Alcohol and Cancer Risk, Phytochemicals in Grapes, and Calcium in Fish

Alcohol and Cancer Risk, Phytochemicals in Grapes, and Calcium in Fish

Q: Does alcohol increase cancer risk even in people who aren’t big drinkers?
Q: Are red grapes higher in protective phytochemicals than green grapes?
Q: If salmon is a good source of calcium, does the same apply to other fish?


Karen Collins, MS, RD, CDN
American Institute for Cancer Research

Q: Does alcohol increase cancer risk even in people who aren’t big drinkers?
A: According to AICR’s landmark 2007 report on diet and cancer prevention, excess alcohol consumption increases risk of cancers of the mouth, throat, esophagus, colon and breast and probably the liver as well. Alcohol’s effects on the body are numerous. Alcohol enhances the ability of carcinogens to get into cells and create DNA damage that can promote cancer development. In addition, alcohol is broken down into acetaldehyde, which scientists believe may act as a carcinogen. Excessive alcohol consumption also seems to decrease our ability to absorb and use folate, a B-vitamin needed to keep our DNA in good repair. Alcohol’s relationship to breast cancer in particular seems to involve its impact on folate as well as its ability to raise estrogen levels. For utmost protection from cancer, the best advice would be to avoid alcohol. But for those who choose to drink alcohol, keeping it to no more than one standard drink per day for women and no more than two standard drinks per day for men seems to be reasonably safe. (Women are advised to stick to a lower limit than men because alcohol becomes more concentrated in their bodies). A standard drink is a 5-ounce glass of wine, 12 ounces of beer or a 1.5-ounce shot of 80-proof liquor such as whiskey or vodka.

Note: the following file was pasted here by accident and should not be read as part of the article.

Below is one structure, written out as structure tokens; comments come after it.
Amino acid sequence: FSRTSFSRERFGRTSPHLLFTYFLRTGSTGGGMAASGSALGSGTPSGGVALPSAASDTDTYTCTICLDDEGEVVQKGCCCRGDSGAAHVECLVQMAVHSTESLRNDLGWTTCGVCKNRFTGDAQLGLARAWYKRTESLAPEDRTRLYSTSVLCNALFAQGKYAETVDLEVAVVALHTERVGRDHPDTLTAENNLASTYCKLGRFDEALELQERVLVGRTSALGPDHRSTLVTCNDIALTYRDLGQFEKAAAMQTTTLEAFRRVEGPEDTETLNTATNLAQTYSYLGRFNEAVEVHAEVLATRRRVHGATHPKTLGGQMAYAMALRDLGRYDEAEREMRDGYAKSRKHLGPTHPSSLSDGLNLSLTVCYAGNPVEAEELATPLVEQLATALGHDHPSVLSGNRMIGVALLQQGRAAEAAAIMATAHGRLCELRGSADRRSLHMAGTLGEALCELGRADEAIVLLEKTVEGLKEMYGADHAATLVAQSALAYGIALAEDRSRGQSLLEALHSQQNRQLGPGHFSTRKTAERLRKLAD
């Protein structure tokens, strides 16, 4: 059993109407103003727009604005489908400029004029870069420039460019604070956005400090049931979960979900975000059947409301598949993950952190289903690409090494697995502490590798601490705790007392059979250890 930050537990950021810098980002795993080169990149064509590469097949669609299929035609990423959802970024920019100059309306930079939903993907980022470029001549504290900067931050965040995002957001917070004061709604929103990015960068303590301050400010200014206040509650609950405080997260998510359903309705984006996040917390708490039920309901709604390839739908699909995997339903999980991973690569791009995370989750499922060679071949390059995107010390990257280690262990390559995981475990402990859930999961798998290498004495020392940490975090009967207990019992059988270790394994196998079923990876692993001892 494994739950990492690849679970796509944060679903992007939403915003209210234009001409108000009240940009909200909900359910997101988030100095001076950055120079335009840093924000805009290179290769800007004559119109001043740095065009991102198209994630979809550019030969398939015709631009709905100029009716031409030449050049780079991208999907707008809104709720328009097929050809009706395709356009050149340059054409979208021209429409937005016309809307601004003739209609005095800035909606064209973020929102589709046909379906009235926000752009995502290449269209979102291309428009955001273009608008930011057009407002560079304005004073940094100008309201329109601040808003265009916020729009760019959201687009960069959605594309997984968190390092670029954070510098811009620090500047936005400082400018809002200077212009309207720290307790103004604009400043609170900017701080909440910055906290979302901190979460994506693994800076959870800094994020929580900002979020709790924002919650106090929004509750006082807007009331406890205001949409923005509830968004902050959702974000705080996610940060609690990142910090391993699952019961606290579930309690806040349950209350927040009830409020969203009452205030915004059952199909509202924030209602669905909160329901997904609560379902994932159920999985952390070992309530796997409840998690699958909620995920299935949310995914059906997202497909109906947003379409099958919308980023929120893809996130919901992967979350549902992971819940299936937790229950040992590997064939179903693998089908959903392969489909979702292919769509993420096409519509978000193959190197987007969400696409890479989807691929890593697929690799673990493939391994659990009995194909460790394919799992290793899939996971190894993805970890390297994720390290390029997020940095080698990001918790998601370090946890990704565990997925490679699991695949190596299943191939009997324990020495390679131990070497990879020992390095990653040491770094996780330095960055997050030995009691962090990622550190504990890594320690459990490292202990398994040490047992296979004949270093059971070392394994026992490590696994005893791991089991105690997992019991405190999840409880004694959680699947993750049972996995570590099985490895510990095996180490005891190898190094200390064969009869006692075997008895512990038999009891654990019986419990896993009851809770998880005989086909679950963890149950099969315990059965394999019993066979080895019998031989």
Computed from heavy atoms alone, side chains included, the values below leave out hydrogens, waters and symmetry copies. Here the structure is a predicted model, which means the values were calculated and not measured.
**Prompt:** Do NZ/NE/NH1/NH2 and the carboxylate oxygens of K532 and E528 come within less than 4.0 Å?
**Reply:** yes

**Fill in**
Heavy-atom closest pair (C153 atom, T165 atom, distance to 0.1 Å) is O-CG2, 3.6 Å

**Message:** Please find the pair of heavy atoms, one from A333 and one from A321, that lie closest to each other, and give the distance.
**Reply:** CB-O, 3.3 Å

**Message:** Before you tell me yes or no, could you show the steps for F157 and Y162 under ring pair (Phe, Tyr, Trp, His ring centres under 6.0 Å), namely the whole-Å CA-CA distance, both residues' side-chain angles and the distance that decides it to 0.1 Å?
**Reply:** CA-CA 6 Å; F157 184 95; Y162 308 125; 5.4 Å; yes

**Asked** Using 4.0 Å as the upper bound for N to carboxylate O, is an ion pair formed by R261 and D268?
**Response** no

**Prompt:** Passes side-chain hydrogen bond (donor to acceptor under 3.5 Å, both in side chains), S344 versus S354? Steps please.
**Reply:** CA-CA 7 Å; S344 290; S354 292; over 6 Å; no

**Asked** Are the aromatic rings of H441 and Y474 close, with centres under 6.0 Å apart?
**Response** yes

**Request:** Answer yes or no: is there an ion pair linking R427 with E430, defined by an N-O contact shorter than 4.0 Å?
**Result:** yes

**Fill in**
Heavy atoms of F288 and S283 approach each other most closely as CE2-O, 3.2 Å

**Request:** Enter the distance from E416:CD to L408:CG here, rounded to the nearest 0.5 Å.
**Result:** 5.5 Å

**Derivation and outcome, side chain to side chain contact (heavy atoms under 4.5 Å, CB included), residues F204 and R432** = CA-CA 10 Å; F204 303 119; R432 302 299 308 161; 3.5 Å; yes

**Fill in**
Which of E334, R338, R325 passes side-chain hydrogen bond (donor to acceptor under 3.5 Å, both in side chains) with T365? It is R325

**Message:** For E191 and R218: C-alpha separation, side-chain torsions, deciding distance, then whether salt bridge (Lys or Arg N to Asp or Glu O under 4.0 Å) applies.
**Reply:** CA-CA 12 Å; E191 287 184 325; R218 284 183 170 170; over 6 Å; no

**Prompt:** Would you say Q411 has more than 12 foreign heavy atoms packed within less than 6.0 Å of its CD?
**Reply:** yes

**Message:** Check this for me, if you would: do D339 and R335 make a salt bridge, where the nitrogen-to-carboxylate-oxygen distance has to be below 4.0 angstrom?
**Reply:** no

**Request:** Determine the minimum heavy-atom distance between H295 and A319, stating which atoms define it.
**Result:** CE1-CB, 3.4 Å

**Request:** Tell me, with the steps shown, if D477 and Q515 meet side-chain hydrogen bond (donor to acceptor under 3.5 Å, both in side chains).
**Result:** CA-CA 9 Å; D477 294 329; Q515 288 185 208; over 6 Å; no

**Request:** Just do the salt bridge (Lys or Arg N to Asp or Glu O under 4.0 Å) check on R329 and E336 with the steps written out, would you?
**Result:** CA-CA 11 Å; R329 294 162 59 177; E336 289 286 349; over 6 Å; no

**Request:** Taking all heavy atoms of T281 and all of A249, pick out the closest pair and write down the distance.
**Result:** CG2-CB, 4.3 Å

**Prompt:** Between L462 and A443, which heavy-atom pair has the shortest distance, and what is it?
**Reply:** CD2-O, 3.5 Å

Q: Are red grapes higher in protective phytochemicals than green grapes?
A: Not necessarily. Grapes contain a variety of antioxidant phytochemicals and their content varies with growing conditions. Red grapes, for example, are higher in anthocyanidin, a flavonoid responsible for the fruit’s ruby pigment, but green grapes are higher in other antioxidants. Although red wine has a higher concentration of the phytochemical resveratrol than white wine, this is not an indication that green grapes are lacking in the antioxidant compound. Rather, the grape skins, which provide most of the resveratrol, are discarded earlier in white wine production than red, lowering the content.

Q: If salmon is a good source of calcium, does the same apply to other fish?
A: Salmon is only a good source of calcium if you eat the bones. Three ounces of drained canned salmon – bones included – provide 190 to 235 milligrams (mg) of calcium, equal to the amount provided in about 5 ounces of milk. This is roughly equivalent to 20 percent of the recommended daily calcium intake. Without the bones, however, a similar 3-ounce serving offers just 6 to 12 mg, roughly 1 percent of the recommended daily amount. In addition to salmon, sardines and anchovies are other types of fish that are frequently eaten with bones intact. Sardines are also an excellent source of calcium, supplying 325 mg in 3 ounces. And, while a 3-ounce portion of anchovies provides almost 200 mg of calcium, most people eat these strong-flavored fish in smaller amounts, which supply only 50 mg or so of calcium.

Reprinted with permission from the American Institute for Cancer Research www.aicr.org